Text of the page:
@Baby Making Mama: Hey 🙂 Welcome to the site. The nappies issue is a biggie isn’t it? Personally I think there are ways to make cloth nappies much better for the environment than disposable – by using lower temperatures on the machine, using eco friendly detergent, line drying; that kind of thing. An awful lot of water and bleach is used in the making of disposable nappies; so I would definitely say that cloth are better overall for the environment. I have no ‘scientific’ proof for this, it’s just my hunch 🙂
    @Ben: Excellent Ben – I notice the difference it makes too; what a great idea!
    @Jane: I’m still trying to figure out the syphoning water thing from the bath – do you store it or use it like a hosepipe as it comes out? Was concerned about storing it because of bacteria breeding.
    @Matt: Thanks for your comment Matt – you make a great point and I have to hold up my hands and say I made an assumption on this! To answer your question; you are completely right – allow the water to cool and then store in the fridge. Like you say, simple is great, but I should have explained things better.

  20. Matt says:

    @Mrs Green: Thanks for taking your time to reply and for answering my question.

  21. Poppy says:

    @Mrs Green:

    So long as you go back before the water is stone cold and the the bits you should be washing off are congealed again, it’s okay to let it soak for half an hour 🙂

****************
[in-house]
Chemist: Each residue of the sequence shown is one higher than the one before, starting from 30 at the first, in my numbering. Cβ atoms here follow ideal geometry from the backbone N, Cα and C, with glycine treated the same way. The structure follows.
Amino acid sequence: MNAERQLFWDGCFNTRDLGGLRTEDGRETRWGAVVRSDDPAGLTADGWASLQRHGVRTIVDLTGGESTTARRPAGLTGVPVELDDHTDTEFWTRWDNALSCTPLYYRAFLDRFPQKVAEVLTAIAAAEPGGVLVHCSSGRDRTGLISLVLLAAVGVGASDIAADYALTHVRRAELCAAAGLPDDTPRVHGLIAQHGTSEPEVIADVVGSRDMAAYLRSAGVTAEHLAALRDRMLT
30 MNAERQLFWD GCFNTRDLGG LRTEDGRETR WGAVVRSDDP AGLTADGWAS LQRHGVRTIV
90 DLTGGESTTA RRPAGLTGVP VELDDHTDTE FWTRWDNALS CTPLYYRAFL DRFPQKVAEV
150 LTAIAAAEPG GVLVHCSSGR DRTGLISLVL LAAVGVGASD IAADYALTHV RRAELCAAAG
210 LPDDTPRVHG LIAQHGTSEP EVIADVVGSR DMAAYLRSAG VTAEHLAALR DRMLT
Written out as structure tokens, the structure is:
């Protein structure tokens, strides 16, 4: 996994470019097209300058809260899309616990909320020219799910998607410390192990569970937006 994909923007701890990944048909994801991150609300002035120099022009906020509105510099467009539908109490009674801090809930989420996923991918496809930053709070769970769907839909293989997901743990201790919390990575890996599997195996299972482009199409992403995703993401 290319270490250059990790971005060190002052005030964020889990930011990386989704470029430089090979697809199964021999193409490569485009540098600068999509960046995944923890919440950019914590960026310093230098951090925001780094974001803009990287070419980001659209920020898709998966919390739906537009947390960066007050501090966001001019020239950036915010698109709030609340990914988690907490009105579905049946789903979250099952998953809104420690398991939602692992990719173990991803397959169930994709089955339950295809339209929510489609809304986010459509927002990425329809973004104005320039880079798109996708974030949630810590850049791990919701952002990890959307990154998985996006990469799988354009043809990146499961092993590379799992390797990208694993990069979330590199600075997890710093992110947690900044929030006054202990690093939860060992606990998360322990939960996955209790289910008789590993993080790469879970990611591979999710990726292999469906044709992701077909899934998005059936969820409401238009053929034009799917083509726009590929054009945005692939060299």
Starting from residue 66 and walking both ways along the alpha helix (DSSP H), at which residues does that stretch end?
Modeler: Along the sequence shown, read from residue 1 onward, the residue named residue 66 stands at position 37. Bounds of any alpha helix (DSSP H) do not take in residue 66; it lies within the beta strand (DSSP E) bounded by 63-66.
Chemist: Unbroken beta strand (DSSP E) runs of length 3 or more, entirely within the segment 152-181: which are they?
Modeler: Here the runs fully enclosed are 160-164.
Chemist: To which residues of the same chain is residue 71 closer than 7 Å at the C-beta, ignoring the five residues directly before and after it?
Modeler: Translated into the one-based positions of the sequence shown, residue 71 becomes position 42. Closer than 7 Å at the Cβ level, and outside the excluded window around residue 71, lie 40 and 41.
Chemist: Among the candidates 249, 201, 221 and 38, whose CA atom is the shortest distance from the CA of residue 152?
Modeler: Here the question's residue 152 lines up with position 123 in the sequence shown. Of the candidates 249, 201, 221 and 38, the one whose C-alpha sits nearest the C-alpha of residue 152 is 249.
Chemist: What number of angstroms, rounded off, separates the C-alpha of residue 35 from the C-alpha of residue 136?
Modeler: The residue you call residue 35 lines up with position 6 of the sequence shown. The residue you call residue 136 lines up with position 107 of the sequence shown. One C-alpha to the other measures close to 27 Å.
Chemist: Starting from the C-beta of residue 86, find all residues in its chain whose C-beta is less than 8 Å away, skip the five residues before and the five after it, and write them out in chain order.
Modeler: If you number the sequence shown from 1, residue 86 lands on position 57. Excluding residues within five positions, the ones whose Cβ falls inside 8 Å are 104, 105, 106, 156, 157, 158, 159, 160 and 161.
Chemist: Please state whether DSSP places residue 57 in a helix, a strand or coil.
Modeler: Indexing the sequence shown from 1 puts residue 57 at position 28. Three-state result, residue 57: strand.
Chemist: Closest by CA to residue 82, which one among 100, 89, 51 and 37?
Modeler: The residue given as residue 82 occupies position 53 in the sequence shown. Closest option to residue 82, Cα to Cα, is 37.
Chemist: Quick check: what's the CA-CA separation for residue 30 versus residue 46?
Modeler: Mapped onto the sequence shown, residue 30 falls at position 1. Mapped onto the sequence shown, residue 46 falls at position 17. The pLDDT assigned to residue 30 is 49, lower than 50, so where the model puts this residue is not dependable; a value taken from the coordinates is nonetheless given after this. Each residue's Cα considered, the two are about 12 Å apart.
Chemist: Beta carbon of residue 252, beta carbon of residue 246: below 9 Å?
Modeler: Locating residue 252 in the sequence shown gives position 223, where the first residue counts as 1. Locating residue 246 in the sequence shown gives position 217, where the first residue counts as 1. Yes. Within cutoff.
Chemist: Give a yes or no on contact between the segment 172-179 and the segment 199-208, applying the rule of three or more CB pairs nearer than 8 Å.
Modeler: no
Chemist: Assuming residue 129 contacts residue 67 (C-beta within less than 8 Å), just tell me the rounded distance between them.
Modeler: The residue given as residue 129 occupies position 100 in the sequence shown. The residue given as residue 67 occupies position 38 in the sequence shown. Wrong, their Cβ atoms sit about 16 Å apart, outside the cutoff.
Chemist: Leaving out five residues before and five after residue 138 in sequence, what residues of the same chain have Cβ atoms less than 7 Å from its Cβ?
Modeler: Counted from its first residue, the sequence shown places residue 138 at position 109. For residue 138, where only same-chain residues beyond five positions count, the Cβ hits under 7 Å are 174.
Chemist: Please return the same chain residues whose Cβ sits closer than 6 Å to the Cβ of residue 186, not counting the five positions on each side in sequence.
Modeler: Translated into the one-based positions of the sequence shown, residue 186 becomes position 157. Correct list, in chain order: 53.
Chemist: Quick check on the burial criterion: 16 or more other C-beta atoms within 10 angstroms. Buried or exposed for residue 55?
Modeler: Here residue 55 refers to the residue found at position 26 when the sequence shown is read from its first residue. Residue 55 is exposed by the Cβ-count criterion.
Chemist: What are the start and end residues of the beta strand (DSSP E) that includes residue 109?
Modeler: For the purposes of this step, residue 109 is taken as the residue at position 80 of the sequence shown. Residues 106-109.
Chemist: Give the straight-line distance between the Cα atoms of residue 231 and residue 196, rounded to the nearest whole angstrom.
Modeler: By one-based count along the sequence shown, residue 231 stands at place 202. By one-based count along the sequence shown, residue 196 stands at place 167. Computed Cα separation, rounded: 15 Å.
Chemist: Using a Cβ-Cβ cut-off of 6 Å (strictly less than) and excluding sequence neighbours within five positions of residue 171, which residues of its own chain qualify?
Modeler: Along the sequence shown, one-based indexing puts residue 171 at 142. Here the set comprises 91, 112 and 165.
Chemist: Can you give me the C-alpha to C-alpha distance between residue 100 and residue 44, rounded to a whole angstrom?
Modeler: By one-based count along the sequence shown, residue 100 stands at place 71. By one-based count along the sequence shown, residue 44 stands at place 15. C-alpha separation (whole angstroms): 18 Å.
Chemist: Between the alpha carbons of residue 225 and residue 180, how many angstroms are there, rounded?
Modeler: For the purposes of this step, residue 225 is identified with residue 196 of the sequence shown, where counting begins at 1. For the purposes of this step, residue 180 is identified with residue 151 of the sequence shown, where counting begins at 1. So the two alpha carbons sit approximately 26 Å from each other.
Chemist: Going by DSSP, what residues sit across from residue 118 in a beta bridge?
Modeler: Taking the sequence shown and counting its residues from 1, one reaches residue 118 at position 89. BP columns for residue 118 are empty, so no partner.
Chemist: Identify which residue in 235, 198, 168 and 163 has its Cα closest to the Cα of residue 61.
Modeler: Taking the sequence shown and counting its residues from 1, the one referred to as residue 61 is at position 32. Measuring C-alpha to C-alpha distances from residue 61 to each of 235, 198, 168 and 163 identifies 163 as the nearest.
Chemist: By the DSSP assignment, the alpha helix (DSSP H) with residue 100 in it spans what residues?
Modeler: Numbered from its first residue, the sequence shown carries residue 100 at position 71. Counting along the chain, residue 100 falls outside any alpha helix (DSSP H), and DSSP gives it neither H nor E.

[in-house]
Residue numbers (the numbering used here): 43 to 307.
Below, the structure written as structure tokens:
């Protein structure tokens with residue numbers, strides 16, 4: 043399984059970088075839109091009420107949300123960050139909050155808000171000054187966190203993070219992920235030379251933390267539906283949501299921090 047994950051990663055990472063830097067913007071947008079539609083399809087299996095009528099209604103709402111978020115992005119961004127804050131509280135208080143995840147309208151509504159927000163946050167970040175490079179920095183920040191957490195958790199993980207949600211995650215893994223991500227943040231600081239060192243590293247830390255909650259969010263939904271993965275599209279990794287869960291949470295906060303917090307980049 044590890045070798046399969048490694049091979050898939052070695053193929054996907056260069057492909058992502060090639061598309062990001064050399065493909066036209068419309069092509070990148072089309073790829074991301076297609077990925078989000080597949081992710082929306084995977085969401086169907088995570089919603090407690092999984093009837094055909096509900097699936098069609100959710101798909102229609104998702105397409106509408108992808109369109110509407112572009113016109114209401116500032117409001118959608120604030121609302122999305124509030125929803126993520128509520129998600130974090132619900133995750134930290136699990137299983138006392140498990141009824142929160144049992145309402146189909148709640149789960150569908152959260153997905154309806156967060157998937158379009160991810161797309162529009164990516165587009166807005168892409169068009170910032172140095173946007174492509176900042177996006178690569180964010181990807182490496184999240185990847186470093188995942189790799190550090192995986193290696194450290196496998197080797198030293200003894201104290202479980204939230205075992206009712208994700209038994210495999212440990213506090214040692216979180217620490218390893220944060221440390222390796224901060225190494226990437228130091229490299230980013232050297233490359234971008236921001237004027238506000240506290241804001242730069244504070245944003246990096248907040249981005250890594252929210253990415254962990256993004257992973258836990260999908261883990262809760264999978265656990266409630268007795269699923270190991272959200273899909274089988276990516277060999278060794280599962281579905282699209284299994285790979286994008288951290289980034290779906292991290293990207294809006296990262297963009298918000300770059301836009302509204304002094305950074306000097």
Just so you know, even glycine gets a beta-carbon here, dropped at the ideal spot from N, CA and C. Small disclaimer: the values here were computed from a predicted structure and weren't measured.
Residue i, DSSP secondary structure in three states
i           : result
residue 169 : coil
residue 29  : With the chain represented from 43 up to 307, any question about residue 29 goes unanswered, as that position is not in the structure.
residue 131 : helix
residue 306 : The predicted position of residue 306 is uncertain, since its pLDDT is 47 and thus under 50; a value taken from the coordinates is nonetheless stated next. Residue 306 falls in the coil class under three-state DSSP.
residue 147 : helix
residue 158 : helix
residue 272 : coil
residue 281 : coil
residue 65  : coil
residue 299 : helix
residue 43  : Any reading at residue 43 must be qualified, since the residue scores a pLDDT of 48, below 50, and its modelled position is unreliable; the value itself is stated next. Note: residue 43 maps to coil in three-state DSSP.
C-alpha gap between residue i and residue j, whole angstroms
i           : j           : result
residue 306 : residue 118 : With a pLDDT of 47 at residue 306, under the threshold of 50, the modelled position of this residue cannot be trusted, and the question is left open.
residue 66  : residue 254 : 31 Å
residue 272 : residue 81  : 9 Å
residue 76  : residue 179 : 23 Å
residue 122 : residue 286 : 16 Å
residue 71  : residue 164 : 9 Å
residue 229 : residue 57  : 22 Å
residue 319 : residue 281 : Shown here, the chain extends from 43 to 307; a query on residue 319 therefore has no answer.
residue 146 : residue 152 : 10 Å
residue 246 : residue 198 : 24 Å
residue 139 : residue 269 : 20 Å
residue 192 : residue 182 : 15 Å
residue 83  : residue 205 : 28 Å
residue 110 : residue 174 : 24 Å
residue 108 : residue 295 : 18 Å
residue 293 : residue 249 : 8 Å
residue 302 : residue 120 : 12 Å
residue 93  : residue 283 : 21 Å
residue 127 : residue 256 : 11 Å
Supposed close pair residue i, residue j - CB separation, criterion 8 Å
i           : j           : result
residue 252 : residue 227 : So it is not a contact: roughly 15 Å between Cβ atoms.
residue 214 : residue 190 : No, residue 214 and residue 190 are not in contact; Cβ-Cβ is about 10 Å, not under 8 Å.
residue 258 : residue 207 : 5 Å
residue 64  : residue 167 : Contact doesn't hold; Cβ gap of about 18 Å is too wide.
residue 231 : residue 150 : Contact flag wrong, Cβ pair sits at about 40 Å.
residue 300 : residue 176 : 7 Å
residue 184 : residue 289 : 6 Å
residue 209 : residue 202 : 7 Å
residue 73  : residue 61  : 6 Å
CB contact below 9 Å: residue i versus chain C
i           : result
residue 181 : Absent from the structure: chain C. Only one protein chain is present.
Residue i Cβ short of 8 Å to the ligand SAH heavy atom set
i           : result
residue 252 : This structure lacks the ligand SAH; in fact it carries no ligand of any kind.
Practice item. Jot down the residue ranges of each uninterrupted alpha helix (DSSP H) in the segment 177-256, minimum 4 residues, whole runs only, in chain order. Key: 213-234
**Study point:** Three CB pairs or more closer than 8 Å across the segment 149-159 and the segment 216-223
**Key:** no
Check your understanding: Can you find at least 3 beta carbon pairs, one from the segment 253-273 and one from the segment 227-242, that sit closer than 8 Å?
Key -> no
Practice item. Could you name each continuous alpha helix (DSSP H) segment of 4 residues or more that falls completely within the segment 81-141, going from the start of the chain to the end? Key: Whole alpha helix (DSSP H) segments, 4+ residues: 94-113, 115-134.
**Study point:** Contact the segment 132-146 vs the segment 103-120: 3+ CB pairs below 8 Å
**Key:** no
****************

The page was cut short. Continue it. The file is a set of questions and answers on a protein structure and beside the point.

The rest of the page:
22. Jane says:

    @Mrs Green: Syphoned straight out of the bath to the veg garden via the bathroom window in the summer evenings. Sometimes also into a watering can or cans but that is more fiddly as you have to line them up and keep a closer eye on them. No water left hanging around.

  23. Mrs Green says:

    @Poppy: thanks lovely.
    @Jane: great – thank you Jane; I’ll try it out with a few tweaks. Our veg patch is longer than a hosepipe from the house, but I could set up some pots on the patio next year, outside the bathroom window.

  24. melissa says:

    ok ive got a question? I want to start saving my waste water to use on the garden and it seems a no brainer to me but the water companies charge to take away waste water so does that mean ill save money? do I have to let them know so they dont charge for waste?
    silly question maybe

  25. Mrs Green says:

    @melissa: Hi Melissa, unfortunately I don’t think you’ll be able to get a rebate. We don’t use the kerbside collection for waste but we don’t get a discount on our council tax because of that 😉 It might be worth contacting your water company anyway, just to find out the official answer? Come back and let us know!

  26. trish says:

    hiya everybody
    ,SAVING MEANS EVERYTHING.
    I have always saved every bit of water I can. every so often my husband and I do a large batch of potatoes and vegetables and make ;-roast potatoes to freeze. mashed potatoes to freeze. .vegetables to freeze . bubble and squeak to freeze. when we have cooked the potatoes that water we use for the vegetables then all the water from the veg and potatoes I put into boxes .Oh and the waste bits from veg. outer leaves from brussel sprouts and the end of carrots and parsnips I whizz up and add to the water for gravy.